The goal of the human immune system is to identify microbial invasion and/or cell injury and implement a sequence of steps to remove invaders and injured cells in order to repair current and prevent future tissue injury. This high-yield course reviews concepts of Immunology for the Step 1 exam.
- Theory of the Immune Response
- Name the cellular and anatomical components of the innate and adaptive arms of the immune response
- Explain the role of chemokines and adhesion molecules in lymphocyte trafficking.
- Enumerate the complex signals between the innate immune response and the bridge to adaptive immune response.
- Describe the structure, loading, and function of the Class I and II HLA molecules.
- Explain the complex signaling from the initial injury/infection site which results in the activation of the classical and alternative pathways of APC activation.
- Explain the signals delivered downstream from APC which cause the stimulation of the main TH populations (TH1 and TH2) and lesser TH cells (Treg, TH17, TH9, Tfh).
- Explain the outcome of the stimulation of different TH populations on the outcome of immune stimulation at the organismal level.
- Explain the molecular signaling necessary to stimulate the APC1-TH1 pathway and name the infectious or pathological situations in which it would be important.
- Name the 4 effector mechanisms within CMI and give examples of when each would be important.
- Clinical Applications of Immunology
- Describe the types of immunotherapies which are used in medicine.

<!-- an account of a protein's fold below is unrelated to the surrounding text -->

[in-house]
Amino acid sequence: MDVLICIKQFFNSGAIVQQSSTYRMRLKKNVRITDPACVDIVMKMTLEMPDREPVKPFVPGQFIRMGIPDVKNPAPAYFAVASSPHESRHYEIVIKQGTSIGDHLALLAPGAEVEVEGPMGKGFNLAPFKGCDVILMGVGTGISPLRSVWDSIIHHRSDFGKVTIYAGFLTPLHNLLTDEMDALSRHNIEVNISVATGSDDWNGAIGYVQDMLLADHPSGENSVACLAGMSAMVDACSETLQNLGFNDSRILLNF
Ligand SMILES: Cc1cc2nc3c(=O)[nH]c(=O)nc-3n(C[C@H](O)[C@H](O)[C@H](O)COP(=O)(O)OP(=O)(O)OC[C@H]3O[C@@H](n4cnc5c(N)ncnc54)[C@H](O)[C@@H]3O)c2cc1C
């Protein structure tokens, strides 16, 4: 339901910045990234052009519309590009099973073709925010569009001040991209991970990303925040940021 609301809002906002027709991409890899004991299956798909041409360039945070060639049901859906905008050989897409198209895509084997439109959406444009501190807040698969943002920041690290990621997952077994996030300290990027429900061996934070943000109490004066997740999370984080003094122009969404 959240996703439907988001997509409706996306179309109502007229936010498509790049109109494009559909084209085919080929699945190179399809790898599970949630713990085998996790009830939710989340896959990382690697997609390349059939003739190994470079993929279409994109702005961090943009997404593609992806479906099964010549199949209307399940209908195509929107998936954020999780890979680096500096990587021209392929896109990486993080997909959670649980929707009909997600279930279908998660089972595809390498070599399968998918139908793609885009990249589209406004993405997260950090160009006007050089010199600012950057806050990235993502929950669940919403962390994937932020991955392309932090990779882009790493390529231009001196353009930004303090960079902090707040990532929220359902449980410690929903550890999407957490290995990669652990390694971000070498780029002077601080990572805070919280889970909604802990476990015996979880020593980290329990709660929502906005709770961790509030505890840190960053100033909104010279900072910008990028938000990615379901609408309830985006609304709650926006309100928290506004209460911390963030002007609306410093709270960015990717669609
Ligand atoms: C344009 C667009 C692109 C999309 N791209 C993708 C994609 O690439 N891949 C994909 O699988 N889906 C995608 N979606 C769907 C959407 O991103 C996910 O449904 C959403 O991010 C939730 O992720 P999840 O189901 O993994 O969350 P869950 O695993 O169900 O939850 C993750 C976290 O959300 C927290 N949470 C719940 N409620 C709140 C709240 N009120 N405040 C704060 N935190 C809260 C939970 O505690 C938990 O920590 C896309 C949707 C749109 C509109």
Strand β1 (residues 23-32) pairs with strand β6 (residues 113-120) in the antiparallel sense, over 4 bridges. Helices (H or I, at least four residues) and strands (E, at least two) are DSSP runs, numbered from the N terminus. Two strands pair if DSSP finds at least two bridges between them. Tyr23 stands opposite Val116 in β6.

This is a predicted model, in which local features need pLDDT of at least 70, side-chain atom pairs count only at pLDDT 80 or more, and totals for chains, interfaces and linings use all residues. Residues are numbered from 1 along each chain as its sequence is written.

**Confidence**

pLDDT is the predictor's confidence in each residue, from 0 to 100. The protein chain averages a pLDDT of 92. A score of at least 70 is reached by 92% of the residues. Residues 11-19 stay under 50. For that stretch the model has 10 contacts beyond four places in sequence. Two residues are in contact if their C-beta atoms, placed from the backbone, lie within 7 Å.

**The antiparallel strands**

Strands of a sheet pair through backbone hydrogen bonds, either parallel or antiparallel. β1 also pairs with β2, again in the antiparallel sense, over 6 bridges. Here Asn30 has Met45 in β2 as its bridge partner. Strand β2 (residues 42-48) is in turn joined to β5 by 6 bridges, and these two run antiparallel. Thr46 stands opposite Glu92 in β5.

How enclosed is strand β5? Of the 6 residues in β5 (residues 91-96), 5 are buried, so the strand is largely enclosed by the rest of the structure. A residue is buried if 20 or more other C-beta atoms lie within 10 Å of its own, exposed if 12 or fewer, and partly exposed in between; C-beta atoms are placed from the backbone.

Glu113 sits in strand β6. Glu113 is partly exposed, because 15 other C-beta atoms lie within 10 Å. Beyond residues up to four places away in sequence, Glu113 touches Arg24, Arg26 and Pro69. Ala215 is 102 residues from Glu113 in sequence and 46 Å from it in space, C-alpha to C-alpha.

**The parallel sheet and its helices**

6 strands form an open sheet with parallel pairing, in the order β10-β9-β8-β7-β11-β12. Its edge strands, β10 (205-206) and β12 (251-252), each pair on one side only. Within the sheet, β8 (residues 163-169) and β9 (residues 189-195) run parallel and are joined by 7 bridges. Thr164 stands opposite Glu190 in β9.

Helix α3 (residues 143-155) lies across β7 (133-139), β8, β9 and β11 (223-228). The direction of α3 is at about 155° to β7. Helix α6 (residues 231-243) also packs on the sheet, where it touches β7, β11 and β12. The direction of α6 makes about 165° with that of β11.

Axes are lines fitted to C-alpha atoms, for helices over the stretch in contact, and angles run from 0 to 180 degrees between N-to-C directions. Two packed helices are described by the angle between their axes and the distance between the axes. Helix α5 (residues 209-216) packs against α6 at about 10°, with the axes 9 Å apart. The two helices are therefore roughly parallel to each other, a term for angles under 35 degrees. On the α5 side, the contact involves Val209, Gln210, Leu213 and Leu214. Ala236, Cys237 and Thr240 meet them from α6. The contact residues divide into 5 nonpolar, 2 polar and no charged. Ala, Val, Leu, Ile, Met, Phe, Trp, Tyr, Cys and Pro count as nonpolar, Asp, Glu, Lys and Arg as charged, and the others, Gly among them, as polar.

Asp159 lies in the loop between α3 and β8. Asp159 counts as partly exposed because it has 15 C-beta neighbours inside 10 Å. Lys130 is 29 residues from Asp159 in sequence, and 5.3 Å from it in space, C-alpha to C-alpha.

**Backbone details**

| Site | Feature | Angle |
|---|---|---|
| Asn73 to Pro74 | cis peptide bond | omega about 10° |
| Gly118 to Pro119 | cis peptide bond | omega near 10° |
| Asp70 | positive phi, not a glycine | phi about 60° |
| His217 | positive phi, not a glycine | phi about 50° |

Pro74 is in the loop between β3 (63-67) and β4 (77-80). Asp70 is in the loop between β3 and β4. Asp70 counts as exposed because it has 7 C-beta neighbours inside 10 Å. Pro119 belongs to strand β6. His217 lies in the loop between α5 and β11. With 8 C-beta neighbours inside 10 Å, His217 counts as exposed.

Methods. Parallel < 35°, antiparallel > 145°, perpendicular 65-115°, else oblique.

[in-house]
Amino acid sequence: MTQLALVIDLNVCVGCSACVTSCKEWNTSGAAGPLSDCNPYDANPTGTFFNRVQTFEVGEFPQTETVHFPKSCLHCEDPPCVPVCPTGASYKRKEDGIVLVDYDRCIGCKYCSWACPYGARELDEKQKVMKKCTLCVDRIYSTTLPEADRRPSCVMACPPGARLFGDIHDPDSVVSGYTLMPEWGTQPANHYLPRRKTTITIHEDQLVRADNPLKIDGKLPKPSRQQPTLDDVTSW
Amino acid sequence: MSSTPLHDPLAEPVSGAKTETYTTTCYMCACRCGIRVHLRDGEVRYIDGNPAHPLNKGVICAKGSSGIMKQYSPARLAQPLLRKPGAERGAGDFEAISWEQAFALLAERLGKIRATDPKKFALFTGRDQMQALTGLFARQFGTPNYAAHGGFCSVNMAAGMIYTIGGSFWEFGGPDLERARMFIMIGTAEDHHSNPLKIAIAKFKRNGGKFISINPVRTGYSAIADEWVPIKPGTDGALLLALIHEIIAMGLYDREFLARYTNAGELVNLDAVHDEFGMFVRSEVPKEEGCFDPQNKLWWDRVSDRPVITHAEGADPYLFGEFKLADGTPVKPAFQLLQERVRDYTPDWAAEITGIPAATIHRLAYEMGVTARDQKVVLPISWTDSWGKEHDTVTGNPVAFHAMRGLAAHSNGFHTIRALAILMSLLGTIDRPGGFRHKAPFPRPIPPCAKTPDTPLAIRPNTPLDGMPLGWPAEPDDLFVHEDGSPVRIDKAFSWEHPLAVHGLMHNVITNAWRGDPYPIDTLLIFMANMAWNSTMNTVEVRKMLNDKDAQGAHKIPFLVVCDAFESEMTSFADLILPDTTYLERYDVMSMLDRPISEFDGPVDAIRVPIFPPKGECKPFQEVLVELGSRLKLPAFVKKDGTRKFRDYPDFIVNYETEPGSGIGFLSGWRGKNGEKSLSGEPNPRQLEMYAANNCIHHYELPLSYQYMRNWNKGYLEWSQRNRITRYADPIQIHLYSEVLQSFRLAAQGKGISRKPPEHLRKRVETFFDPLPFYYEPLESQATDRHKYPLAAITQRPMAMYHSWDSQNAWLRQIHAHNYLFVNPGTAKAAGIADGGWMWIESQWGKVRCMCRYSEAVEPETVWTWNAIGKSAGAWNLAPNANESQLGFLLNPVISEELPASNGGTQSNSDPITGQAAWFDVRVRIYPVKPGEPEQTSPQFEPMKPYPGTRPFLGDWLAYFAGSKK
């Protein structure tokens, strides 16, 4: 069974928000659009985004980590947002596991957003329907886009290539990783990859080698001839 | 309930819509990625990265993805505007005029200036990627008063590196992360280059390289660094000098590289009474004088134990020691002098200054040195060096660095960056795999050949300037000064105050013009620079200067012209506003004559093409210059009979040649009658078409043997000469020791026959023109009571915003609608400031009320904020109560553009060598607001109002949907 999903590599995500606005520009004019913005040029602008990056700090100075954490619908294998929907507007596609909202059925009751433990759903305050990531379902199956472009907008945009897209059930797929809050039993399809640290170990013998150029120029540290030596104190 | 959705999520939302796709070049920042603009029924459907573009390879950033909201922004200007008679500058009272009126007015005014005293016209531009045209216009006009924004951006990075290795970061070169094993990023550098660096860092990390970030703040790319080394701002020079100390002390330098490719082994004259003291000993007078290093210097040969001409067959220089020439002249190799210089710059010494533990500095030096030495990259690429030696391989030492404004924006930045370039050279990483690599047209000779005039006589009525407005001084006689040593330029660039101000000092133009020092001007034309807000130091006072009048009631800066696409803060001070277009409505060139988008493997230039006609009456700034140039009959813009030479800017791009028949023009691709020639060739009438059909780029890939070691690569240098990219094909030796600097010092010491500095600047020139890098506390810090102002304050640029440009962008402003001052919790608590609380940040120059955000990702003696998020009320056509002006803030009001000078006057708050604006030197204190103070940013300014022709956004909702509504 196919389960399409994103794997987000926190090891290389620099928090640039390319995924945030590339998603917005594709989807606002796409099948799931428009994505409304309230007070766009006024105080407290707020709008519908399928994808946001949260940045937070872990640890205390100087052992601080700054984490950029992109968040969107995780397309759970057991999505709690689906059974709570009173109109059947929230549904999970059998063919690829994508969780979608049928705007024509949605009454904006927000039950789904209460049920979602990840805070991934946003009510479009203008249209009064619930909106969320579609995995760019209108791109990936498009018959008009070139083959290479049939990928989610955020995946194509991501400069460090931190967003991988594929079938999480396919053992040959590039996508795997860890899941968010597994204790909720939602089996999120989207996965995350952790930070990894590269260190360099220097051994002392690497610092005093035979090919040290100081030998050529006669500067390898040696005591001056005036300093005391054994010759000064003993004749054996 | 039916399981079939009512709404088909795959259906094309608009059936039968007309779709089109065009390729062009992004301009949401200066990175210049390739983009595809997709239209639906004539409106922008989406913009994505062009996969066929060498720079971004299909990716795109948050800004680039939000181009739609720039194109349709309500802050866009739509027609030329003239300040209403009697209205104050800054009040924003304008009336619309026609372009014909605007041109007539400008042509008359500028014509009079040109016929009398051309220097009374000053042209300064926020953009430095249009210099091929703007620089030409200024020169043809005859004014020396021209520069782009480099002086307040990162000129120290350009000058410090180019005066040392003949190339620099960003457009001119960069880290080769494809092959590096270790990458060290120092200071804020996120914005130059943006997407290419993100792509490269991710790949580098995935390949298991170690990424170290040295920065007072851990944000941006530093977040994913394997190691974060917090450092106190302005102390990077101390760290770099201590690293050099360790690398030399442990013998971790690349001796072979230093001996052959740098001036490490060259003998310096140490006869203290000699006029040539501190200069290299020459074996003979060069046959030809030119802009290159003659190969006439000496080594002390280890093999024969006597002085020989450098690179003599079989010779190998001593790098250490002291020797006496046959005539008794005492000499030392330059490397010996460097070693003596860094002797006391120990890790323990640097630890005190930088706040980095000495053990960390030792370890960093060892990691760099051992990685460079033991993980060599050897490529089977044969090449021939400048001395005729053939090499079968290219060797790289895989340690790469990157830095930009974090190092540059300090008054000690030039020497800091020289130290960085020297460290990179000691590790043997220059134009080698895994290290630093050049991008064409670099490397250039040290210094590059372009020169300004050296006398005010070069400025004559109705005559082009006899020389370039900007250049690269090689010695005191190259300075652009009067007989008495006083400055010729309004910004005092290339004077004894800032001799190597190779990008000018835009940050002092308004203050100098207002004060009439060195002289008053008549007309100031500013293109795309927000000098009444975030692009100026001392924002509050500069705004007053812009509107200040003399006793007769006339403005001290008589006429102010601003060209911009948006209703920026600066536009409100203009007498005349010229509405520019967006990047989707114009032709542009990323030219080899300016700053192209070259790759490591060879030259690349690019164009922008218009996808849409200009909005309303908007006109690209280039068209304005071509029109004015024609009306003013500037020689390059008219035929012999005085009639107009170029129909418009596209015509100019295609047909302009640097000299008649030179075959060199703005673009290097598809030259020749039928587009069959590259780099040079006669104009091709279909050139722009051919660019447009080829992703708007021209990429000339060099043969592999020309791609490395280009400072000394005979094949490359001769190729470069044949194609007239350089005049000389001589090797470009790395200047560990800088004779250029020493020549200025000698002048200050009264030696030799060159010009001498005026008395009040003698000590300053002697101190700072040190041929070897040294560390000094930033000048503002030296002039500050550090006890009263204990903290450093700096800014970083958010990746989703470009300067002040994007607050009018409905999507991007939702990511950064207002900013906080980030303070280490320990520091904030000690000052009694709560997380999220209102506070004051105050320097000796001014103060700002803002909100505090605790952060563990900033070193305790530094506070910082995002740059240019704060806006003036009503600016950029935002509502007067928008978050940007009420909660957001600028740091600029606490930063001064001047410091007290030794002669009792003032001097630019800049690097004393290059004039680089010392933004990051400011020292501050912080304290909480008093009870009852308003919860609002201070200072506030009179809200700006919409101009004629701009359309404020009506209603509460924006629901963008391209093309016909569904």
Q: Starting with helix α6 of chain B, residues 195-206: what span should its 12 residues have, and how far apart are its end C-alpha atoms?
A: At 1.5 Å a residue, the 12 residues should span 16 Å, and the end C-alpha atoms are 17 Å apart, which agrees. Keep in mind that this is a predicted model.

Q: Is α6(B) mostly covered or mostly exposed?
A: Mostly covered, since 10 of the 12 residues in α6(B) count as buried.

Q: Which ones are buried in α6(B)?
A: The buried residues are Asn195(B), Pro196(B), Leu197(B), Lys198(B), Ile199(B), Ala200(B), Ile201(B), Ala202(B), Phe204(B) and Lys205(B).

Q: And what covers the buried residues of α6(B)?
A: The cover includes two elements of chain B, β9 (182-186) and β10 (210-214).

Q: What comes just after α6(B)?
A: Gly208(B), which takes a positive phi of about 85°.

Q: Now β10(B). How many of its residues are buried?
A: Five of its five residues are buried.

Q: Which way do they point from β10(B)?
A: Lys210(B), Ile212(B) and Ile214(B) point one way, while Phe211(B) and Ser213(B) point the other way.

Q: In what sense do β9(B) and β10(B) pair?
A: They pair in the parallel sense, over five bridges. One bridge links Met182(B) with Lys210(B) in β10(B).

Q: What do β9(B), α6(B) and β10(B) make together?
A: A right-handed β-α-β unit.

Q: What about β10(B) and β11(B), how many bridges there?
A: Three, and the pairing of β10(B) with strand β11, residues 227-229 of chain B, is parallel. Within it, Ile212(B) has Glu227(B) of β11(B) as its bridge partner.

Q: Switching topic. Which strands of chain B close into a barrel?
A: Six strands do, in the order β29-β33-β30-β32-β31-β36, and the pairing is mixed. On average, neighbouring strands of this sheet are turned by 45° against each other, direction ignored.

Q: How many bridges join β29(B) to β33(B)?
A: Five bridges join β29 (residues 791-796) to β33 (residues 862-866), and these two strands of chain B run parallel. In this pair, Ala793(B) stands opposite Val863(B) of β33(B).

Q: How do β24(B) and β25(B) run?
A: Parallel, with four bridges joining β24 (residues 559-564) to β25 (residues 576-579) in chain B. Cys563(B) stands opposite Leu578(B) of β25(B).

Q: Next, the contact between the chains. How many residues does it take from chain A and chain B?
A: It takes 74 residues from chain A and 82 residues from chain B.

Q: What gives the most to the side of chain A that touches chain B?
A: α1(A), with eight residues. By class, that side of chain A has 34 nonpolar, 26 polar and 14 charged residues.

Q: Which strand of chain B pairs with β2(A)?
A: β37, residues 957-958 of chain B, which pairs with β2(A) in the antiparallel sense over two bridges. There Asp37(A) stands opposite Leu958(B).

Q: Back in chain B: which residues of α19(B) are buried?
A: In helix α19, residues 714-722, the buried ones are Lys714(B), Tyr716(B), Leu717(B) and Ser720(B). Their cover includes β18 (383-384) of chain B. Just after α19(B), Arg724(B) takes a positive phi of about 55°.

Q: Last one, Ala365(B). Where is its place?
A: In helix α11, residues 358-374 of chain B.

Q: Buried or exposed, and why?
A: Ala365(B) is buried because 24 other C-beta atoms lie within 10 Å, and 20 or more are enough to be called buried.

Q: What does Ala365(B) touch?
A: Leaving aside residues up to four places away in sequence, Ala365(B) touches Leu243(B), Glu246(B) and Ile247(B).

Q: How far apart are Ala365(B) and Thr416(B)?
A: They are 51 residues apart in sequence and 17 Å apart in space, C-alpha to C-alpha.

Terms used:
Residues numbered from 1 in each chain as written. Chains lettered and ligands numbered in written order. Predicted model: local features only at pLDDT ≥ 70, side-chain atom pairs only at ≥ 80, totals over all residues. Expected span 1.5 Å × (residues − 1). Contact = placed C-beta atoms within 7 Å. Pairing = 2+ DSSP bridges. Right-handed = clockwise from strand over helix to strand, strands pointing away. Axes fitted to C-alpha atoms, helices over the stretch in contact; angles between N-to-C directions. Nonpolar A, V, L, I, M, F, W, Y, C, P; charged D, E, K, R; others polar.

- Know the contents of the bacterial and viral vaccines, and the strategies for their use.
- Describe the pros and cons of the 3 categories of viral vaccines as pertains to their safety and immunogenicity.
- Be able to list the common pediatric vaccines and explain how they work at the molecular level.
- Explain the role of the hapten/carrier effect in the HiB, PCV and MCV4 vaccines.
- Know the contraindications for the major vaccines.
- Predict the vaccination protocol for special risk and elderly patients and explain why they are used.
- Diagnose the primary immunodeficiencies of phagocytes, B and T lymphocytes and severe combined immunodeficiencies and explain their patient presentation and therapy down to the molecular basis.
- Explain the standard protocols for anti-microbial prophylaxis depending on CD4 count and relate them to the decline in the immune response.
- Explain how to interpret data from these sources to diagnose immune or microbial disease.
Theory of the Immune Response
Clinical Applications of Immunology